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Across space and time: social responses to large-scale biophysical systems.

https://arctichealth.org/en/permalink/ahliterature164251
Source
Environ Manage. 2007 Jun;39(6):831-42
Publication Type
Article
Date
Jun-2007
Author
Dena P MacMynowski
Author Affiliation
Woods Institute for the Environment, Stanford University, Encina Hall, E501, Stanford, CA 94305-6055, USA. macmynowski@stanford.edu
Source
Environ Manage. 2007 Jun;39(6):831-42
Date
Jun-2007
Language
English
Publication Type
Article
Keywords
Animals
Animals, Wild - growth & development
Canada
Conservation of Natural Resources - legislation & jurisprudence - methods
Ecology
Ecosystem
Environment
Humans
Risk Management - legislation & jurisprudence - methods
Time Factors
United States
Abstract
The conceptual rubric of ecosystem management has been widely discussed and deliberated in conservation biology, environmental policy, and land/resource management. In this paper, I argue that two critical aspects of the ecosystem management concept require greater attention in policy and practice. First, although emphasis has been placed on the "space" of systems, the "time" -- or rates of change -- associated with biophysical and social systems has received much less consideration. Second, discussions of ecosystem management have often neglected the temporal disconnects between changes in biophysical systems and the response of social systems to management issues and challenges. The empirical basis of these points is a case study of the "Crown of the Continent Ecosystem," an international transboundary area of the Rocky Mountains that surrounds Glacier National Park (USA) and Waterton Lakes National Park (Canada). This project assessed the experiences and perspectives of 1) middle- and upper-level government managers responsible for interjurisdictional cooperation, and 2) environmental nongovernment organizations with an international focus. I identify and describe 10 key challenges to increasing the extent and intensity of transboundary cooperation in land/resource management policy and practice. These issues are discussed in terms of their political, institutional, cultural, information-based, and perceptual elements. Analytic techniques include a combination of environmental history, semistructured interviews with 48 actors, and text analysis in a systematic qualitative framework. The central conclusion of this work is that the rates of response of human social systems must be better integrated with the rates of ecological change. This challenge is equal to or greater than the well-recognized need to adapt the spatial scale of human institutions to large-scale ecosystem processes and transboundary wildlife.
PubMed ID
17415612 View in PubMed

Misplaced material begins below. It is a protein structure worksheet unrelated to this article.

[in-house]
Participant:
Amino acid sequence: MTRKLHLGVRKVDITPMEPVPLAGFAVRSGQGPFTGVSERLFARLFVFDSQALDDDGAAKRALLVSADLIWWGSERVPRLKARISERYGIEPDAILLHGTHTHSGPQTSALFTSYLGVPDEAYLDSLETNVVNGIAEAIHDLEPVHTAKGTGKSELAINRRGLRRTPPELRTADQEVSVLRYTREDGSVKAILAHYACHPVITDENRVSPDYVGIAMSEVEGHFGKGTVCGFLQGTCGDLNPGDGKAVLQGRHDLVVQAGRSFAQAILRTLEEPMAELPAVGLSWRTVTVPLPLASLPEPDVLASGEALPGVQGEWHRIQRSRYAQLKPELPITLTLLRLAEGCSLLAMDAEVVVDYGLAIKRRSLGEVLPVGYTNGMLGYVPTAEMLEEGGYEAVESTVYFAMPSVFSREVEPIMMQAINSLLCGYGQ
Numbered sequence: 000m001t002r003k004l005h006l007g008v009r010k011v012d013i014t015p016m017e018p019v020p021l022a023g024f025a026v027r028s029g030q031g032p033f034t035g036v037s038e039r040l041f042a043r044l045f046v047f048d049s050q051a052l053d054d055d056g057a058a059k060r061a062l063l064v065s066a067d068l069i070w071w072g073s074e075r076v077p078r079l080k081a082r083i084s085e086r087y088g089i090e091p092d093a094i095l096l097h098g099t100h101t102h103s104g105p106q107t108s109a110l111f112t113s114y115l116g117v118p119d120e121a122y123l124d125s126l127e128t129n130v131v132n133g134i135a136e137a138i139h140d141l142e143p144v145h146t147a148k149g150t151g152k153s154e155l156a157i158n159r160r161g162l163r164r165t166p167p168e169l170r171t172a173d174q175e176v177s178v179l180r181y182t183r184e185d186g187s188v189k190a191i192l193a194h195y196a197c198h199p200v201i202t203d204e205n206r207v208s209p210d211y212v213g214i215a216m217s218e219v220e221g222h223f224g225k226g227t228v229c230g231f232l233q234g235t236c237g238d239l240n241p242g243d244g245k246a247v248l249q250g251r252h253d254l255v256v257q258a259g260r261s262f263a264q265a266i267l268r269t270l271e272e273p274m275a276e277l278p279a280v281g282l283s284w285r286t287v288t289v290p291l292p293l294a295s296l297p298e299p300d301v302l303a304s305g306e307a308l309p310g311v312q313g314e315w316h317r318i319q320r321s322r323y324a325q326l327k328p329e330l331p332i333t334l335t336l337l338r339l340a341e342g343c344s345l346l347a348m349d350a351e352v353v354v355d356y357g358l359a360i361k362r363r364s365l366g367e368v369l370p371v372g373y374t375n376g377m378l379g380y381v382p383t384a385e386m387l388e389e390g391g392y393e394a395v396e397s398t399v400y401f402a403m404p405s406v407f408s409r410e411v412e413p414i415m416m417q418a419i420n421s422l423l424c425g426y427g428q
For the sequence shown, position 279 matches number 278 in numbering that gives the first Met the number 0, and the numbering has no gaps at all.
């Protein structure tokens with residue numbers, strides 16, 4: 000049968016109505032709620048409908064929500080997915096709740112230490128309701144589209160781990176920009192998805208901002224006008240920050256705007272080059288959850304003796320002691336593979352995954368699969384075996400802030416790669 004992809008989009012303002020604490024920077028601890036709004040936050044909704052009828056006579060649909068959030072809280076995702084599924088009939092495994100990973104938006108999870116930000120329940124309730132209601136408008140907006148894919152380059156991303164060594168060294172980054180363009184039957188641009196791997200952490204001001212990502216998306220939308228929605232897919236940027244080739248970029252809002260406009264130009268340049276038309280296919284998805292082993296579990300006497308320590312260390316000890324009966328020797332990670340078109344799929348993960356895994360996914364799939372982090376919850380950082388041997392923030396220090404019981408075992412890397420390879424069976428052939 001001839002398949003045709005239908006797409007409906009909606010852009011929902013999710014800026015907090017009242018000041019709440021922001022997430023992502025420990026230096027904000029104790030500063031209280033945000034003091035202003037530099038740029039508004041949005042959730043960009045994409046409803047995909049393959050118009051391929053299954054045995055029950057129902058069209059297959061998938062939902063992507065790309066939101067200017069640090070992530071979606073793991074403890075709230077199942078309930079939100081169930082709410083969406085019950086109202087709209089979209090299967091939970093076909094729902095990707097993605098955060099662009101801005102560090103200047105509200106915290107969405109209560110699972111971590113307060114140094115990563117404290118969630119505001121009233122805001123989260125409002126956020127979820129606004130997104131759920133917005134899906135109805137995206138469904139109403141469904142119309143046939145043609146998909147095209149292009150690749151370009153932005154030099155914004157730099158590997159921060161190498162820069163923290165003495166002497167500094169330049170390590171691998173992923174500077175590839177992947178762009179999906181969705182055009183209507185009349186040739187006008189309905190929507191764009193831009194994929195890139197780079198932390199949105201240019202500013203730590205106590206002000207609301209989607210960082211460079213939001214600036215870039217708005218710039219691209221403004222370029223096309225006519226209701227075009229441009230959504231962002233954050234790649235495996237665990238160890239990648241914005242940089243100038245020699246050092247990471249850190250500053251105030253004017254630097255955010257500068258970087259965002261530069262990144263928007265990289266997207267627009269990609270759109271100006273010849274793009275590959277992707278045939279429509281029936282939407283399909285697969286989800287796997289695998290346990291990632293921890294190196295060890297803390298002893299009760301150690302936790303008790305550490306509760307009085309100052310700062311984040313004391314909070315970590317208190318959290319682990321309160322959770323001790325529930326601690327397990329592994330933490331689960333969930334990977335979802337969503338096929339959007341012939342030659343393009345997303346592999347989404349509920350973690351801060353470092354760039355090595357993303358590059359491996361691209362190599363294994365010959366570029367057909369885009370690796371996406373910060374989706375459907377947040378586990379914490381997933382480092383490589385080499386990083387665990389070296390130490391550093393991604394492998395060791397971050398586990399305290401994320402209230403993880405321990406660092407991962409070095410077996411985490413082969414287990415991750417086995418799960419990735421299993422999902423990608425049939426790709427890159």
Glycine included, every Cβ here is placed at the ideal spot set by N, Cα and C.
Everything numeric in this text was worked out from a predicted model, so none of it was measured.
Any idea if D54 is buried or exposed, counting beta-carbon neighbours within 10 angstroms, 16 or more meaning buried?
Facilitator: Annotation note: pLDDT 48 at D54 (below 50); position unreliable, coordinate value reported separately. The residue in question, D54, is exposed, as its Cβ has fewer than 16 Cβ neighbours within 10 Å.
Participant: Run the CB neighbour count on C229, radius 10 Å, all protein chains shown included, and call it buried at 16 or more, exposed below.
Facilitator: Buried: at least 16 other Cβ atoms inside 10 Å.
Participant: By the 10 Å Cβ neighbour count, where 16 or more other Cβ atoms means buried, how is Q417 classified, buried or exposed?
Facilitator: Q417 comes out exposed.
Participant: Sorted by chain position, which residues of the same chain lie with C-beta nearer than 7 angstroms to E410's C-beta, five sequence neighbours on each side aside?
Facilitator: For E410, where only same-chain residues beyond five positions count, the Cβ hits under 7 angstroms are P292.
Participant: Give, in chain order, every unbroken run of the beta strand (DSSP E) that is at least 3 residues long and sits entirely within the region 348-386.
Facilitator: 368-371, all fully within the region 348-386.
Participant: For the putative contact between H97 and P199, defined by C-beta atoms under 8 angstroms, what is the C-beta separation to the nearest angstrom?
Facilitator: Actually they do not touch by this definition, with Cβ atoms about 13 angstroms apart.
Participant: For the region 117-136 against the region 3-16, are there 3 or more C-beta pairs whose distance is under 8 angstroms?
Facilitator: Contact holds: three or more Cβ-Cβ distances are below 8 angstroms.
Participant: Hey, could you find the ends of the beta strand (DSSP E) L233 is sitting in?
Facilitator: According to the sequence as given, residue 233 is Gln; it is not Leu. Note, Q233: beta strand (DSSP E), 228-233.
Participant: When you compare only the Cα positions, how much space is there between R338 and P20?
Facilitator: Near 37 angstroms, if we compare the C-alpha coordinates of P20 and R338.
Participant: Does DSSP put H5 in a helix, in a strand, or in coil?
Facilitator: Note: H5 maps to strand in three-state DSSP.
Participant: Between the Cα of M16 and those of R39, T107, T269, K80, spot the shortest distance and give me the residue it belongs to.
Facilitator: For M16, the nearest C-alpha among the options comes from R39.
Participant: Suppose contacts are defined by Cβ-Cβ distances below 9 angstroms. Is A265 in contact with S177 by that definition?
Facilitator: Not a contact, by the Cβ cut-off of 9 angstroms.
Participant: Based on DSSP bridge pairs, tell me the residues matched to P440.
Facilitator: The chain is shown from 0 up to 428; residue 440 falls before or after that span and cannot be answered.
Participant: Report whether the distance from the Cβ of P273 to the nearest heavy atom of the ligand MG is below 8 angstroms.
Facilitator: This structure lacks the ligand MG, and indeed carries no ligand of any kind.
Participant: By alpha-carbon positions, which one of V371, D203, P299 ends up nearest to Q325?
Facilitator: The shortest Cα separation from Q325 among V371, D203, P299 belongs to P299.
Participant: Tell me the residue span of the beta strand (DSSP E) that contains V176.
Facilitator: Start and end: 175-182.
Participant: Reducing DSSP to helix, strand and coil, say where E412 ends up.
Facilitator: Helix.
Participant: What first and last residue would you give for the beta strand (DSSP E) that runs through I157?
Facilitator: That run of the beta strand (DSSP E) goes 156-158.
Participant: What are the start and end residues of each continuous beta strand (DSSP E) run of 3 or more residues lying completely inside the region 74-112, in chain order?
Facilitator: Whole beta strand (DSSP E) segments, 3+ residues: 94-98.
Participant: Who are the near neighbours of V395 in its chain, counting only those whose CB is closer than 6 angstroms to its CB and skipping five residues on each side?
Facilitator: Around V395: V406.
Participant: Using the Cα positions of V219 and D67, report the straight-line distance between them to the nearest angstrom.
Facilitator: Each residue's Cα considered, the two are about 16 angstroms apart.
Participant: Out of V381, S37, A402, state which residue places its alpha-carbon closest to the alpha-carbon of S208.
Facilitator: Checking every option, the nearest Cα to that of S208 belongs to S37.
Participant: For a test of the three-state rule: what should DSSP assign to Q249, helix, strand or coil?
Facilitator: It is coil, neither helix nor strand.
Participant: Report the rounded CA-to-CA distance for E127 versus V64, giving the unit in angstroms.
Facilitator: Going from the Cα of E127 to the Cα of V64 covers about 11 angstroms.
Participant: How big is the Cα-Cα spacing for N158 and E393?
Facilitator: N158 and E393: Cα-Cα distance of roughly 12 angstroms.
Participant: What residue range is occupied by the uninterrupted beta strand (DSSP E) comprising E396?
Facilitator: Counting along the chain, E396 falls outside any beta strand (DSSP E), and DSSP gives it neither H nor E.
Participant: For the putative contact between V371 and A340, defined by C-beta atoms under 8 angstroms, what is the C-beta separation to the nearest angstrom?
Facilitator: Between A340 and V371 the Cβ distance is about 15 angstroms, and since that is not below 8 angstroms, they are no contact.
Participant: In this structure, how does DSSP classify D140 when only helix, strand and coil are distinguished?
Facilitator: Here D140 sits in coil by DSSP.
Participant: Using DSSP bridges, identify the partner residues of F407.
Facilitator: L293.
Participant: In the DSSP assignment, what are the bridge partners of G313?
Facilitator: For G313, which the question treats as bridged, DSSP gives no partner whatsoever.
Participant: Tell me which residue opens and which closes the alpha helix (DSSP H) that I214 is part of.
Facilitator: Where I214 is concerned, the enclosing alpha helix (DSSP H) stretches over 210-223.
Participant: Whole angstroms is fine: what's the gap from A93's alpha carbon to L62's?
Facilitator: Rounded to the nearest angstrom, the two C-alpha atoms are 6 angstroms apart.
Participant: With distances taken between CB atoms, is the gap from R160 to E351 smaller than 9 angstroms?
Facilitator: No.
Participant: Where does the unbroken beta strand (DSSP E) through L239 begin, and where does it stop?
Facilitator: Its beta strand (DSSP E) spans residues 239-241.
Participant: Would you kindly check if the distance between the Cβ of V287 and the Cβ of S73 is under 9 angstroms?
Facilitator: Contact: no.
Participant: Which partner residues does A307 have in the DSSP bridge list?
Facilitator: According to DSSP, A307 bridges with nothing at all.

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Adaptive governance, ecosystem management, and natural capital.

https://arctichealth.org/en/permalink/ahliterature267187
Source
Proc Natl Acad Sci U S A. 2015 Jun 16;112(24):7369-74
Publication Type
Article
Date
Jun-16-2015
Author
Lisen Schultz
Carl Folke
Henrik Österblom
Per Olsson
Source
Proc Natl Acad Sci U S A. 2015 Jun 16;112(24):7369-74
Date
Jun-16-2015
Language
English
Publication Type
Article
Keywords
Animals
Birds
Conservation of Natural Resources - legislation & jurisprudence - methods
Decision Making
Ecosystem
Europe
Fisheries
Maine
Marine Biology - legislation & jurisprudence - methods
Nephropidae
Sweden
Abstract
To gain insights into the effects of adaptive governance on natural capital, we compare three well-studied initiatives; a landscape in Southern Sweden, the Great Barrier Reef in Australia, and fisheries in the Southern Ocean. We assess changes in natural capital and ecosystem services related to these social-ecological governance approaches to ecosystem management and investigate their capacity to respond to change and new challenges. The adaptive governance initiatives are compared with other efforts aimed at conservation and sustainable use of natural capital: Natura 2000 in Europe, lobster fisheries in the Gulf of Maine, North America, and fisheries in Europe. In contrast to these efforts, we found that the adaptive governance cases developed capacity to perform ecosystem management, manage multiple ecosystem services, and monitor, communicate, and respond to ecosystem-wide changes at landscape and seascape levels with visible effects on natural capital. They enabled actors to collaborate across diverse interests, sectors, and institutional arrangements and detect opportunities and problems as they developed while nurturing adaptive capacity to deal with them. They all spanned local to international levels of decision making, thus representing multilevel governance systems for managing natural capital. As with any governance system, internal changes and external drivers of global impacts and demands will continue to challenge the long-term success of such initiatives.
Notes
Cites: Curr Biol. 2008 Jun 24;18(12):R514-518579091
Cites: Proc Natl Acad Sci U S A. 2008 Jul 15;105(28):9489-9418621698
Cites: Proc Natl Acad Sci U S A. 2008 Jul 15;105(28):9477-8218621700
Cites: Trends Ecol Evol. 2010 Apr;25(4):241-919923035
Cites: PLoS One. 2010;5(9):e1283220877460
Cites: Proc Natl Acad Sci U S A. 2010 Oct 26;107(43):18278-8520176947
Cites: Science. 2015 Mar 20;347(6228):1317-925792318
Cites: Conserv Biol. 2011 Oct;25(5):904-1221797925
Cites: Ambio. 2011 Nov;40(7):719-3822338712
Cites: Proc Natl Acad Sci U S A. 2012 May 8;109(19):7565-7022529388
Cites: Curr Biol. 2012 Jun 5;22(11):1023-822633811
Cites: Conserv Biol. 2012 Aug;26(4):638-4822624623
Cites: Proc Natl Acad Sci U S A. 2012 Oct 30;109(44):17995-923027961
Cites: Trends Ecol Evol. 2011 Jun;26(6):261-221497409
PubMed ID
26082542 View in PubMed
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Air quality in natural areas: interface between the public, science and regulation.

https://arctichealth.org/en/permalink/ahliterature162471
Source
Environ Pollut. 2007 Oct;149(3):256-67
Publication Type
Article
Date
Oct-2007
Author
K E Percy
D F Karnosky
Author Affiliation
Natural Resources Canada, Canadian Forest Service - Atlantic Forestry Centre, 1350 Regent Street, Fredericton, New Brunswick E3B 5P7, Canada. kpercy@nrcan.gc.ca